Malibu brænder Nick Cave

Nick Cave’s nyeste album Ghosteen var sidste år et af de sværeste albums at komme ind i for mig. Et nummer derfra, den 14-minutter lange endgame-afslutter ‘Hollywood’, var dog øjeblikkeligt en undtagelse. For her fandtes det liv, den musikalske stemning og den dynamik, resten af albummet nemt kan synes sært foruden. Samt nogle fantastiske sangord oveni. I sin brevkasse The Red Hand Files spørges Nick Cave i dag ind til baggrunden for det mægtige slutnummer. Svaret synes så interessant, det fortjener også at blive bragt her…

Please tell us everything you can about the song ‘Hollywood’. It’s one of the most powerful pieces of music I’ve ever heard, and I want to know everything you can tell me. JON, OSLO, NORWAY

Dear Jon,

At around 8’ 30’’ into the song ‘Hollywood’ the narrator stands on the beach, looking out to sea. Malibu is on fire and the animals have been driven down from the hills to the shore. A sea serpent rises out of the ocean. A small boy drops his bucket and spade and climbs into the sun. Jon, this series of images came to me while in the back of a car driving around your city of Oslo on the last Bad Seeds’ tour, and was the first step toward the writing of Ghosteen. Within this sudden vision the whole of the album presented itself. It is rare in songwriting to be given such a rich and sustaining gift.

Some months later I wrote what would become the second verse of ‘Hollywood’ – the image of my wife, as a white cougar with ‘a terrible engine of wrath for a heart’, roaming the Hollywood Hills. This single image of rage-filled, carnivorous grief sat in my notebook waiting for a home.

The Buddhist story of Kisa and the Mustard Seed, that would eventually be the final part of ‘Hollywood’, had been of great significance and comfort to me for years and at some point I jotted it down in verse form, completely independent of anything else, and with no intention of it being a song.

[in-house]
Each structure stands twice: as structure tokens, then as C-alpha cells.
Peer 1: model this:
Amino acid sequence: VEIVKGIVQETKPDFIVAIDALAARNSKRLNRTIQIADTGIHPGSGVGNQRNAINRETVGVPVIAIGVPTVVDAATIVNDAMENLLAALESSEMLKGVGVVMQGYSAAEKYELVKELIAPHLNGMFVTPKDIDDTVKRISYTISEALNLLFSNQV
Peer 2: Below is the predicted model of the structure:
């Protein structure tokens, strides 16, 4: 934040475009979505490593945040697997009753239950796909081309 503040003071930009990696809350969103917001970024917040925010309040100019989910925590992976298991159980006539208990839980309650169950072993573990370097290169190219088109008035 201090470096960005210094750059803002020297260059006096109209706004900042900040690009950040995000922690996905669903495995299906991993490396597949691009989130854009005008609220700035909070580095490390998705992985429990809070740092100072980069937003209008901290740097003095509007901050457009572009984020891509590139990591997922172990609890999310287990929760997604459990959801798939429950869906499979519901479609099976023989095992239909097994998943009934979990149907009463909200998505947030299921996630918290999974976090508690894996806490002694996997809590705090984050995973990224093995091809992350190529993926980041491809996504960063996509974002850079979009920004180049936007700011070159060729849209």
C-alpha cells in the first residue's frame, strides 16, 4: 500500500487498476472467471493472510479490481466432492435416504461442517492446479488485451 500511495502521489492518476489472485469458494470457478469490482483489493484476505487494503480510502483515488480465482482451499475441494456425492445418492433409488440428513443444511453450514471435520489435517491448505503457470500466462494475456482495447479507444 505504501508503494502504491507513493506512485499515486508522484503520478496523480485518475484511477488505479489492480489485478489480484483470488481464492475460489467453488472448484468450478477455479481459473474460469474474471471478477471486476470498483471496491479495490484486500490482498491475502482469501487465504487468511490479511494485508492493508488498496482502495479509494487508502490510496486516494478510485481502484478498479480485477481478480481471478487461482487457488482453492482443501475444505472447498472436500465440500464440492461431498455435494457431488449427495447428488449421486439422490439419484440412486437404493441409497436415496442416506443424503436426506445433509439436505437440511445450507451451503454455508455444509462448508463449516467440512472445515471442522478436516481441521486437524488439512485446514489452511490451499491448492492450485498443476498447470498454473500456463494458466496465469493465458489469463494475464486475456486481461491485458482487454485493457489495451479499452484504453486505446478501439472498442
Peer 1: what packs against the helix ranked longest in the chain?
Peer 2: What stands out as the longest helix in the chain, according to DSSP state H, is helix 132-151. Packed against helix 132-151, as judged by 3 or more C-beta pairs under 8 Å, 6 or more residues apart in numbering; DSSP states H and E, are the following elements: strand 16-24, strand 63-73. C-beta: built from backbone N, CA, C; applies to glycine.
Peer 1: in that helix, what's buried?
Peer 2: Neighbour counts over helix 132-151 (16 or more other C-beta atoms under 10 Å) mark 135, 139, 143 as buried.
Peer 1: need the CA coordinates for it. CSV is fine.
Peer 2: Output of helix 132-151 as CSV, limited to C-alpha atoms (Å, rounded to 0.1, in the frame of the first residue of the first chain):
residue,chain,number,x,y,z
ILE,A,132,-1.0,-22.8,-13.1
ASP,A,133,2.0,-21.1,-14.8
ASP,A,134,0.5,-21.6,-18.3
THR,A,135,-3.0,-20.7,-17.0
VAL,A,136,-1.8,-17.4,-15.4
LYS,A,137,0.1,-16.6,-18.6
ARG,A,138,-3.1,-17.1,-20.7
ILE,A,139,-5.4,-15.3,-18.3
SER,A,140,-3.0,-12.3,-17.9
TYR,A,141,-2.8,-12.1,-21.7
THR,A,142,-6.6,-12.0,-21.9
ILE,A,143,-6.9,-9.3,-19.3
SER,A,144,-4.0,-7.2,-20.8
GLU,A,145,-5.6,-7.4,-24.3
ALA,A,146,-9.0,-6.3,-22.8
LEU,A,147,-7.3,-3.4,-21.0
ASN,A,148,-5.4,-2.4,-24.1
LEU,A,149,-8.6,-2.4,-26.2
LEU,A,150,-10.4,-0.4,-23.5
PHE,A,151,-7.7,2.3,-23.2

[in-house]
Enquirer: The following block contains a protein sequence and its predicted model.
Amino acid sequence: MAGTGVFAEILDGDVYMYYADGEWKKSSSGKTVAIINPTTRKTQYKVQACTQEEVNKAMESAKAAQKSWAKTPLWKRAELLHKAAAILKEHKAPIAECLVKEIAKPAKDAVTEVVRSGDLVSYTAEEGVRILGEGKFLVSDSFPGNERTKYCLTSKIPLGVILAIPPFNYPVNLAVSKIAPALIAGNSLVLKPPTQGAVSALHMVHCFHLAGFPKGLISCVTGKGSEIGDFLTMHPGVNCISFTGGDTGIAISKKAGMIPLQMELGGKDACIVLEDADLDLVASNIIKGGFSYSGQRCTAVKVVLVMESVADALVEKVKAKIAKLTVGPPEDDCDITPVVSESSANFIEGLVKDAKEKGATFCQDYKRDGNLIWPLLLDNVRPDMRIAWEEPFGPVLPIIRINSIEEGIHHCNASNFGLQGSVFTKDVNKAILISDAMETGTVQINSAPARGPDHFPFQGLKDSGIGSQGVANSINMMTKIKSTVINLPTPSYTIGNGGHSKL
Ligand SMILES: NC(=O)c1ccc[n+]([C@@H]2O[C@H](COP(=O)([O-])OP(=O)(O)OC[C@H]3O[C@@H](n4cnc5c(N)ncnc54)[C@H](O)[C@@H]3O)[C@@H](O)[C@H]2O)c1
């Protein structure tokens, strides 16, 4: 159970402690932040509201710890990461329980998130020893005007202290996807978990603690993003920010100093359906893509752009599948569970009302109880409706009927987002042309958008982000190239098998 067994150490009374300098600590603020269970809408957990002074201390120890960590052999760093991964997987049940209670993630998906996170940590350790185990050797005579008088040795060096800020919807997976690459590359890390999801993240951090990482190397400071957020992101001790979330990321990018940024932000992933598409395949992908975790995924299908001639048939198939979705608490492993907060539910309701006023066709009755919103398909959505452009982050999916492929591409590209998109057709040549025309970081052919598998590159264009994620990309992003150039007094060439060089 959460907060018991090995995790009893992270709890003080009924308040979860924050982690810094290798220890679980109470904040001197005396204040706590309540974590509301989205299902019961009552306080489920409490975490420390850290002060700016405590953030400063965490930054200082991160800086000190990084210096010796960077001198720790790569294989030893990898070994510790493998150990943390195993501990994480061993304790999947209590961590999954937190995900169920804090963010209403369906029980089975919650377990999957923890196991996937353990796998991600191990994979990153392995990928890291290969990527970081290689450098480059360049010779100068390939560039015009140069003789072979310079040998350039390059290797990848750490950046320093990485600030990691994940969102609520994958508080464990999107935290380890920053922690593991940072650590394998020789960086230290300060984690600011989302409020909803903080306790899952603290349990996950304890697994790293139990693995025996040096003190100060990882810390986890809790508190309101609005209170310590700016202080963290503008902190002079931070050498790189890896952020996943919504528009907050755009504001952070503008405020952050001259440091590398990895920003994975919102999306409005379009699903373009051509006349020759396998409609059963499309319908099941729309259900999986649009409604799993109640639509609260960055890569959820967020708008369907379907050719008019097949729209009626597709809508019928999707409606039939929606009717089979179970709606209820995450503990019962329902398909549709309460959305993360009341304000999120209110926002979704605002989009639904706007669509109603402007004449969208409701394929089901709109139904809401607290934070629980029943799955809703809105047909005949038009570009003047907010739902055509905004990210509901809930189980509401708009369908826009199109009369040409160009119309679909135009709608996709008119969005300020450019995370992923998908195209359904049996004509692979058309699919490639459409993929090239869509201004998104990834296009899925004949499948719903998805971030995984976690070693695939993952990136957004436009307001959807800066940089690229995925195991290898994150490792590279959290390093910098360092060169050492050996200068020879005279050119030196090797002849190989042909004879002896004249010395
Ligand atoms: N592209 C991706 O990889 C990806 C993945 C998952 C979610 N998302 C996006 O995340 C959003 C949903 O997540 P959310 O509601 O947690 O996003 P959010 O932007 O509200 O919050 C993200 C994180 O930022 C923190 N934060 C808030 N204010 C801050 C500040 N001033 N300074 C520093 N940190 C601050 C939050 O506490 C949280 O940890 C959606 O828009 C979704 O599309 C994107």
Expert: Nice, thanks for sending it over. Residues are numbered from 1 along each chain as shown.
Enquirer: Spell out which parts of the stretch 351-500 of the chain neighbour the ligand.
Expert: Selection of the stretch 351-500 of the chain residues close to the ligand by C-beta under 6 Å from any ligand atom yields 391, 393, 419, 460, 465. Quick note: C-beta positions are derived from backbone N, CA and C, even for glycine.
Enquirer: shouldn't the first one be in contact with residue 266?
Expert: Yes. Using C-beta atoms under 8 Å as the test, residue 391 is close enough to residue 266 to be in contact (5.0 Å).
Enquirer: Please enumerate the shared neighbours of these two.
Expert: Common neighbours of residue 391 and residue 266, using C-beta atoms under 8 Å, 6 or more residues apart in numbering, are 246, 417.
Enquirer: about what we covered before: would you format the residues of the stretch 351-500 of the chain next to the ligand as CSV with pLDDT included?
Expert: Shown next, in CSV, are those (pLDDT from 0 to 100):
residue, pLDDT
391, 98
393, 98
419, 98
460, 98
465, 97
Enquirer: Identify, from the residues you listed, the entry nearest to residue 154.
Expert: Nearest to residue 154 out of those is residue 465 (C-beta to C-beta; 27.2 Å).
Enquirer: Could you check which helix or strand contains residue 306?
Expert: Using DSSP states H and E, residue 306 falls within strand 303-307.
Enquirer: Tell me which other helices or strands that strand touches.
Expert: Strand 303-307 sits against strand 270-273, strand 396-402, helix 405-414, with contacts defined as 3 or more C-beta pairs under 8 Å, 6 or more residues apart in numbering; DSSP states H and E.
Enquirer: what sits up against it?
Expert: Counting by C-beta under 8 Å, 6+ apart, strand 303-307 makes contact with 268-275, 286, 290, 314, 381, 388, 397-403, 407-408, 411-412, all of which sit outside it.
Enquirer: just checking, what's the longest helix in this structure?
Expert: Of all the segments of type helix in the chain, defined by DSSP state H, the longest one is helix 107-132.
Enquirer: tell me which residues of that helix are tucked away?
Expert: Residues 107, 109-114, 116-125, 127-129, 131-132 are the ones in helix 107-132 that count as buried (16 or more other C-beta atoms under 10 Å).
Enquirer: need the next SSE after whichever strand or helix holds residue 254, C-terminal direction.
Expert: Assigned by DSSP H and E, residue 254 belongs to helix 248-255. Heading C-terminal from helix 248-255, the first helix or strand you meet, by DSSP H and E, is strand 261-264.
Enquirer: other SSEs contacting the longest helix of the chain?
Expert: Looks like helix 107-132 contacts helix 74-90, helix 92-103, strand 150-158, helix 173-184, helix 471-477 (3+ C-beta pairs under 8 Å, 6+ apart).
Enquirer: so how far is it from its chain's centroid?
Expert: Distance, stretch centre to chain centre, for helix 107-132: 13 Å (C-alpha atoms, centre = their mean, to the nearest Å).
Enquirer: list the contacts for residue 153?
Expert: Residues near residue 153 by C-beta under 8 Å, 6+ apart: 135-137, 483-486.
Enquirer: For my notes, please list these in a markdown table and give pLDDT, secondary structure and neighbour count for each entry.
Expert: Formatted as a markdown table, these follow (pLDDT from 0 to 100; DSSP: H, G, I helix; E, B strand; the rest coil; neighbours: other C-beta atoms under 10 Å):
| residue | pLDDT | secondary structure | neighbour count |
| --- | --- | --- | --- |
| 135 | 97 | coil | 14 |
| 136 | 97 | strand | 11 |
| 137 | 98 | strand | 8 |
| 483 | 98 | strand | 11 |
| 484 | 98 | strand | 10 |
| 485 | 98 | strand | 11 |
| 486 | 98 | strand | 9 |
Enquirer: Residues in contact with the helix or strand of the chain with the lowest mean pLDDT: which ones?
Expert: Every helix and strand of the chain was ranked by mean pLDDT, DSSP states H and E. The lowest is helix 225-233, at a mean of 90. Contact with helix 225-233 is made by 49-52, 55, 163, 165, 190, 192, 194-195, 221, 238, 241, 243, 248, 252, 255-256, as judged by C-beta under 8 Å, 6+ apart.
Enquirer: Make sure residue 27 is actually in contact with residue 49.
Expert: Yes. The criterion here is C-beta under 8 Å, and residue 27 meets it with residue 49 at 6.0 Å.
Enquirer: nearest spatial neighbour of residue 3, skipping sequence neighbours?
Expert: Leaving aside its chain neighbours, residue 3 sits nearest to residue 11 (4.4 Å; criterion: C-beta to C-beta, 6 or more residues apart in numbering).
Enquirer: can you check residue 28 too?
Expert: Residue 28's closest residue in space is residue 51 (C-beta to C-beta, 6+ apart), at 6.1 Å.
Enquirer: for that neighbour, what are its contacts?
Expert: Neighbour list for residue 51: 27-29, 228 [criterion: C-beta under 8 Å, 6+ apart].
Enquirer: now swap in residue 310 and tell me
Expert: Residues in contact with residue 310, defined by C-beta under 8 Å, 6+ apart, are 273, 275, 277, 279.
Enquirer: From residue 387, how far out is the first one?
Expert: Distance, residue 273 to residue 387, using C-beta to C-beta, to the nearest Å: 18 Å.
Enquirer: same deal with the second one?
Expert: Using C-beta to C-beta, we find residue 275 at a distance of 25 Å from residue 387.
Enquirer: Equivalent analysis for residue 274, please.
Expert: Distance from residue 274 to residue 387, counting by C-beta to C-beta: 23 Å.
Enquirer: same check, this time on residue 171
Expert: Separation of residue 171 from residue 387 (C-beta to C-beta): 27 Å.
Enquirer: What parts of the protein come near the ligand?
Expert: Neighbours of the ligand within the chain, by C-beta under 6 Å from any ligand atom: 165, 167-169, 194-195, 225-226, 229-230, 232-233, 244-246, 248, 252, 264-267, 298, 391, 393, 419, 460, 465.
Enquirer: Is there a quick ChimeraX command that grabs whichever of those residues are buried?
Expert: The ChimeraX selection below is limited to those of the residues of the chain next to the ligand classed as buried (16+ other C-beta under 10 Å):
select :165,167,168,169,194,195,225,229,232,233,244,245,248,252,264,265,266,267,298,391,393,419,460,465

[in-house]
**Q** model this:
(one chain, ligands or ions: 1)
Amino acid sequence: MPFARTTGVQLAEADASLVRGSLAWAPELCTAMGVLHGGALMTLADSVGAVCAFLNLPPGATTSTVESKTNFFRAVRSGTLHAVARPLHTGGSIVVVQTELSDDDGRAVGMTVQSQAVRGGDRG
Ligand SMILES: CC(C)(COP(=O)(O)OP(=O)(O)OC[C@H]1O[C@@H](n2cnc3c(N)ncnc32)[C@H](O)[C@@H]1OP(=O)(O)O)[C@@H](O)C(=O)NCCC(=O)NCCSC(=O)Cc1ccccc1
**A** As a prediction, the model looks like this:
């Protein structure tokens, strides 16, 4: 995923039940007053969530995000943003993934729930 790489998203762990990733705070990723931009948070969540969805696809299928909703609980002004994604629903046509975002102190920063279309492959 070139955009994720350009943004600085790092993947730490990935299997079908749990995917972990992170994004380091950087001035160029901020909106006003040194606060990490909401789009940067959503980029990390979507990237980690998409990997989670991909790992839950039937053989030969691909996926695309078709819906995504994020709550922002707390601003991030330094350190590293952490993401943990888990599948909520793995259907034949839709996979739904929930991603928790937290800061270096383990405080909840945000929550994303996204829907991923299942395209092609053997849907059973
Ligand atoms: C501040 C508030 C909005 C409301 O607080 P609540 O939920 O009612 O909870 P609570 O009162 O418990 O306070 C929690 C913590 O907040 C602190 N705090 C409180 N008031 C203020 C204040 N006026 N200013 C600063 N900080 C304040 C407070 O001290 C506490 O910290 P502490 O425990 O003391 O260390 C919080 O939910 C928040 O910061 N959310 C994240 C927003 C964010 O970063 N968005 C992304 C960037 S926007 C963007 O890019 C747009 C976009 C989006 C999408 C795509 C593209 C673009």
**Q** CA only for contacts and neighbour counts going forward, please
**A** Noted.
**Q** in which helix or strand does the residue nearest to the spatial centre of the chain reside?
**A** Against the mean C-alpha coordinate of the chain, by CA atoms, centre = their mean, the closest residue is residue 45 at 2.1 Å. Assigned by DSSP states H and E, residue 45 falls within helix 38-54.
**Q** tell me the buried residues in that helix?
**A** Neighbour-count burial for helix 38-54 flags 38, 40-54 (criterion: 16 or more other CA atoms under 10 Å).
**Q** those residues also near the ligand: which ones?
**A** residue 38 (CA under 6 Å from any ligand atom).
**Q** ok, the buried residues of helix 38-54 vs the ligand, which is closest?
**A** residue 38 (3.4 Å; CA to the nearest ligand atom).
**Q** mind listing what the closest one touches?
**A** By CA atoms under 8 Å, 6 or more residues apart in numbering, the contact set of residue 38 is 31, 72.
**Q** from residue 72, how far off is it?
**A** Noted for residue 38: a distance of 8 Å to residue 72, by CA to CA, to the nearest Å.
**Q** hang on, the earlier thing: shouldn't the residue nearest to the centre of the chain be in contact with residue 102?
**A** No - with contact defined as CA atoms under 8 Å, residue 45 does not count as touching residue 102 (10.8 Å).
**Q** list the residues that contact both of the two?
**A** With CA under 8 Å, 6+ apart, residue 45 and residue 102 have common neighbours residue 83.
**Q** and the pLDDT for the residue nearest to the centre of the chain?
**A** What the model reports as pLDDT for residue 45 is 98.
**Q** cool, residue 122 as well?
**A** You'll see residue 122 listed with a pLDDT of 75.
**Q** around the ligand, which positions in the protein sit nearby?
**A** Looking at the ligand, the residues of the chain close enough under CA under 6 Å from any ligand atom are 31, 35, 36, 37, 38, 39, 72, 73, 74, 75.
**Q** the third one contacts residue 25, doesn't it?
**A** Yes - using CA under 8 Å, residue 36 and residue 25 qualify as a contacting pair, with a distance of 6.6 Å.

Early in 2018, at the initial ‘improv’ recording sessions in Brighton, Warren threw down the driving ‘Hollywood’ loop and at the same time played the beautiful circular synth chords. Meanwhile, I sat jamming at the piano and dumping lyrics onto it. I had all these disparate images rolling around in my head, unmoored and desperate for a home – Malibu on fire, the cougar roaming the hills, the terrified animals on the shore, the breaching leviathan, the kid and the sun, Kisa and her baby – and the restless propulsion of the loop allowed me to just spill them out. I didn’t at the time know what they meant, or how they connected to each other. We played non-stop for hours, lost to it. 

Listening back, in the studio a week or so later, most of the extended jam was unusable, but there was a fifteen minute section, towards the end, that was mysterious and compelling and so we edited it out and kept it. It included within it the cougar scene, the beach and the fire, and the Kisa story. The remainder of the lyrics were there as well, extemporized yet complete. We added some strings, backing vocals, Tommy’s beautiful drumming, tidied up the vocal a bit and it became ‘Hollywood.’ It was effortless and enigmatic and it spoke to us from another place, crying from the future whilst callingfrom the past.

In the song ‘Ghosteen’, a man is saying goodbye to a sleeping woman – he is leaving, heading somewhere, we don’t know where. ‘Hollywood’ is a continuation of this song. It is the leaving, the driving away, heading out of LA, along the Pacific Coast to Malibu. Malibu is on fire. 

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